A bit further on, Truman Capote describes someone’s apartment as a ‘gemütlich mélange’ of various pieces of pleasant decor. I had to look gemütlich up. And so will you.

While we’re (kind of) on the subject of diacritics and the like, I picked up a book from the book stall on the South Bank last week: The Darkness that Comes Before by R Scott Bakker. Steven Erikson’s comment on the front cover (which is to say, ‘Steven Erikson’s comment that is located on the front cover’, rather than ‘Steven Erikson’s comment on the subject of the front cover’ … but you knew that anyway) is ‘Something remarkable has begun’. I had a little skim through it and it seems – on the very limited evidence I gathered – to be written quite well.

The remarkable thing in the context of this post, and one of the things that made me buy it (for £3.50) was the made up names employed by this Bakker fellow (yet another Canadian fantasist – he lives in London, Ontario). Names such as: Ishuäl, Anasûrimbor, Kûniüri. And those are just from the first page of the first (!) prologue. Such circumflexes and diaereses, as well as the names themselves, are very reminiscent of Tolkien. As, too, are the maps at the front of this, the first volume of The Prince of Nothing. (A title somewhat similar to the name of a particularly brilliant Metallica song: ‘King Nothing’. Good omens?)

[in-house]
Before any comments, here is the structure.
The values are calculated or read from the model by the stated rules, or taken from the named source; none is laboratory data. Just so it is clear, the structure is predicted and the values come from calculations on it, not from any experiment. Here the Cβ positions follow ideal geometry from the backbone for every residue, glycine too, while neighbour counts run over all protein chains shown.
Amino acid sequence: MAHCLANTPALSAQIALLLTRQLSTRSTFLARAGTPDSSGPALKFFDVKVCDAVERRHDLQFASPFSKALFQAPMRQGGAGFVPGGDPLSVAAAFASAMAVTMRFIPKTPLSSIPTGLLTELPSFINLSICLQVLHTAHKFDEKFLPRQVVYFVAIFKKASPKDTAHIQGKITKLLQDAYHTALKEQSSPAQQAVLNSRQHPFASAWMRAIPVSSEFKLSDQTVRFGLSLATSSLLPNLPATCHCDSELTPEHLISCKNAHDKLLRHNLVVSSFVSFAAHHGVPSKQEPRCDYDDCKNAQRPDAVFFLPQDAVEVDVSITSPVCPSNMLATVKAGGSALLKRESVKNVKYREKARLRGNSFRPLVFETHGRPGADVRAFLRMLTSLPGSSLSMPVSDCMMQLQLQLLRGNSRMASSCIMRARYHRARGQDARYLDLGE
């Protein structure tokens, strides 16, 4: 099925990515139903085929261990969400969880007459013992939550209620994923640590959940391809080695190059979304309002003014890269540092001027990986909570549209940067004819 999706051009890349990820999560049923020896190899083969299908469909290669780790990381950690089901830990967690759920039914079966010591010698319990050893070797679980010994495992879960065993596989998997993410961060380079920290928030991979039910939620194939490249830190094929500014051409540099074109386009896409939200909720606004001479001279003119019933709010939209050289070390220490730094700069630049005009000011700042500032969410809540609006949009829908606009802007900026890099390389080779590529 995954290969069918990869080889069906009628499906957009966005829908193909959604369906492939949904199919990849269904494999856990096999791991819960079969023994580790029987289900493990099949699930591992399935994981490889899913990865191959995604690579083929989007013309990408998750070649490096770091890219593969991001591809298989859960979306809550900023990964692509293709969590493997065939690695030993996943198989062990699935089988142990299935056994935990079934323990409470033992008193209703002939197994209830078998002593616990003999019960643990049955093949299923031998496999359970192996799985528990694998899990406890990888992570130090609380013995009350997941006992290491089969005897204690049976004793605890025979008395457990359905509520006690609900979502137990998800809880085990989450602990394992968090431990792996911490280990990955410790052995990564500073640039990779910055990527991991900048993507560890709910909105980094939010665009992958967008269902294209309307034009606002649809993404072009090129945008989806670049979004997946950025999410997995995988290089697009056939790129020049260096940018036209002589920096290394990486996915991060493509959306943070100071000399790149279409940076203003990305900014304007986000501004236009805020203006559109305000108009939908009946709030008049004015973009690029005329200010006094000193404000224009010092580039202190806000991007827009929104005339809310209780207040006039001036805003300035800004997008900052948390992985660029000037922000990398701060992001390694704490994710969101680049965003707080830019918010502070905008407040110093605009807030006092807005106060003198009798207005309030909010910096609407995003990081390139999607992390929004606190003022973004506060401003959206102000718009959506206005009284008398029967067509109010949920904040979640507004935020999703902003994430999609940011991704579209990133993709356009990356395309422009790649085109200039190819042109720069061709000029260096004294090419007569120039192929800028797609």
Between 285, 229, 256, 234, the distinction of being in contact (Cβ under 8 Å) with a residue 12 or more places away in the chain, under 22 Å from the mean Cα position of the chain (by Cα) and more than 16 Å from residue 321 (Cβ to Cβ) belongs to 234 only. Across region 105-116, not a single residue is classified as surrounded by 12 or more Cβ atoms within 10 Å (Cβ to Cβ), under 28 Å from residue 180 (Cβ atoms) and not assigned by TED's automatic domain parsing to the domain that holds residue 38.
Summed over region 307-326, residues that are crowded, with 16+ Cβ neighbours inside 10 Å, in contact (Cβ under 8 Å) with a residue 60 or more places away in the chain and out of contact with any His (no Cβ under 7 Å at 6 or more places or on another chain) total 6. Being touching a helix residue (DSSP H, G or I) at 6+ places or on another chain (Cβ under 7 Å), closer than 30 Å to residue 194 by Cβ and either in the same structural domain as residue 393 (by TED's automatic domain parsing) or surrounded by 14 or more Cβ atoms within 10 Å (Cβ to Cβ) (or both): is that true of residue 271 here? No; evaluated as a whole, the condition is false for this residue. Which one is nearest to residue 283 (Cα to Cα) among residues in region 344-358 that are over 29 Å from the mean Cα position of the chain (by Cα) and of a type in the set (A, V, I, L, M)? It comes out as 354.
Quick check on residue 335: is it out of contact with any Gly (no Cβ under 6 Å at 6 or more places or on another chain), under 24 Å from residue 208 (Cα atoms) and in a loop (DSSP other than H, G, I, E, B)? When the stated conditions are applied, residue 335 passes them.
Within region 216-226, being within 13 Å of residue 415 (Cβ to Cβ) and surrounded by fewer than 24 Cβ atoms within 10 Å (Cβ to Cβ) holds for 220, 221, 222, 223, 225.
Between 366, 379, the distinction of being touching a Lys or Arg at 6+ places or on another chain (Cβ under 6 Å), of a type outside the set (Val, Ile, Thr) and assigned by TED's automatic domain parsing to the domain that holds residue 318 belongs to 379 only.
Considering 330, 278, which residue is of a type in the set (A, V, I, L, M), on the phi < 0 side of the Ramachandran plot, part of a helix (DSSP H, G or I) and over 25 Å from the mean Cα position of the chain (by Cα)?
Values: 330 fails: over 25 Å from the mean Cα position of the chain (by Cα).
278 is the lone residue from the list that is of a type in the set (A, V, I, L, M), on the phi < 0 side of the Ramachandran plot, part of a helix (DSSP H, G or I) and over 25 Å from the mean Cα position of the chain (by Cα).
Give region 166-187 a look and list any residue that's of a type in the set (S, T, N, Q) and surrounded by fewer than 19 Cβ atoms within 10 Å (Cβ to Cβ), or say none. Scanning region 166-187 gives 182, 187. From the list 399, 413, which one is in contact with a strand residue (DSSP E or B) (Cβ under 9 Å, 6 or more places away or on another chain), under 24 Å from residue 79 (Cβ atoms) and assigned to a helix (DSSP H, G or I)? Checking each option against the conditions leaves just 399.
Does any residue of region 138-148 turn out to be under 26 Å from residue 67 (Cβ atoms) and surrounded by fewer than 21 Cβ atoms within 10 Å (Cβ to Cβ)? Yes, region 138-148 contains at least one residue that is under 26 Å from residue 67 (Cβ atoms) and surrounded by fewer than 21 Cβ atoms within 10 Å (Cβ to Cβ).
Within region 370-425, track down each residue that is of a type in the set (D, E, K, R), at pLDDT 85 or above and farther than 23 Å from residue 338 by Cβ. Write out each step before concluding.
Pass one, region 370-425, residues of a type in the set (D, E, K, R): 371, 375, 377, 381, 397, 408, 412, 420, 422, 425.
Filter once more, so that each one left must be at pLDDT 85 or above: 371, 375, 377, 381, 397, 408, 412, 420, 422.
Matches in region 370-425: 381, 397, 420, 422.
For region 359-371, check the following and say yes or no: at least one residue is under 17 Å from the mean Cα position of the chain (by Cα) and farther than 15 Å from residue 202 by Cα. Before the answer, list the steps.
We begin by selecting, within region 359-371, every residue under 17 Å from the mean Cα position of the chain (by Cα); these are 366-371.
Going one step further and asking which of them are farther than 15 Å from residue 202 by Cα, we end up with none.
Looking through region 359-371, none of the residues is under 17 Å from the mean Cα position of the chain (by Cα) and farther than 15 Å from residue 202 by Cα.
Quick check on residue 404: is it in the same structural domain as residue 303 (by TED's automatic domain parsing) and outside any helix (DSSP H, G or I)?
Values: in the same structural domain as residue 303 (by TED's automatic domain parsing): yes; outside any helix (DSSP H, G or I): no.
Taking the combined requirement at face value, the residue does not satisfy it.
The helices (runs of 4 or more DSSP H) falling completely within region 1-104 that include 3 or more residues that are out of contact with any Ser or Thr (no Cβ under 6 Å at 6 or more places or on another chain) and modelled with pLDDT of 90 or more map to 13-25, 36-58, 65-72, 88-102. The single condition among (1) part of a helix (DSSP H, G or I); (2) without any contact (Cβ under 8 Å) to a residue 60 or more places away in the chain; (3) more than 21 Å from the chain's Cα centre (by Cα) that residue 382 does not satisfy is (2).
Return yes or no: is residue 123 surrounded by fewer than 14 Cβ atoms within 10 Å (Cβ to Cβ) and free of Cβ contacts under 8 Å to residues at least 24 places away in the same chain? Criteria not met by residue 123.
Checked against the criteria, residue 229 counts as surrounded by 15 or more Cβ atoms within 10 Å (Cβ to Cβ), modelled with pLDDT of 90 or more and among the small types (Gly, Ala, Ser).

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I listen to music on my computer. I have about 2,000 tracks copied from CD on to my hard drive and I use Media Player to play various playlists (I don’t have my CD collection with me in London, nor apart from my computer do I have the means of actually playing CDs here either). Mostly this system is fine, but there are a couple of annoyances. Like the fact that when I’m skipping tracks trying to find a song that suits my mood, the program sometimes randomly decides no, actually it doesn’t want to skip this track. Or when you’ve listened to  a few songs and skipped a few then specifically selected one that’s taken your fancy, it decides that, when that track’s finished it’ll go back and play all the skipped tracks.

Also quite annoying, though less of a problem with the program itself, is when you’re playing music and doing other stuff, like accessing Word documents, which causes Media Player to get stuck and play the one snatch of music over and over several times before the computer works out what it’s supposed to be doing. This can be moderately amusing if you’re listening to song lyrics at the time. I was listening to Metallica’s ‘Eye of the Beholder’ (probably not a gaming reference) a couple of days ago, the pre-chorus of which goes like this:

Doesn’t matter what you see,
Or into it what you read.
You can do it your own way,
If it’s done just how I say.

Except, of course, I was looking at documents I’d been e-mailed, and James Hetfield started singing:

Doesn’t matter what you –
smatter what you –
smatter what you –
smatter what you –
smatter what you …

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The title of that last post was a reference to a crack of Clive Anderson’s (a very funny, very quick-witted man). A few years ago there was a programme he presented called Our Man in … and in each edition he visited a different country looking at the culture and such like. One week he was in India, and, at the end of a section about Goa, he said, ‘As Groucho Marx might have said, “I’m here, I must be Goan.”‘

This elicited a humorous response from me (made me laugh), to which my sister said, ‘It wasn’t that funny.’ But it was.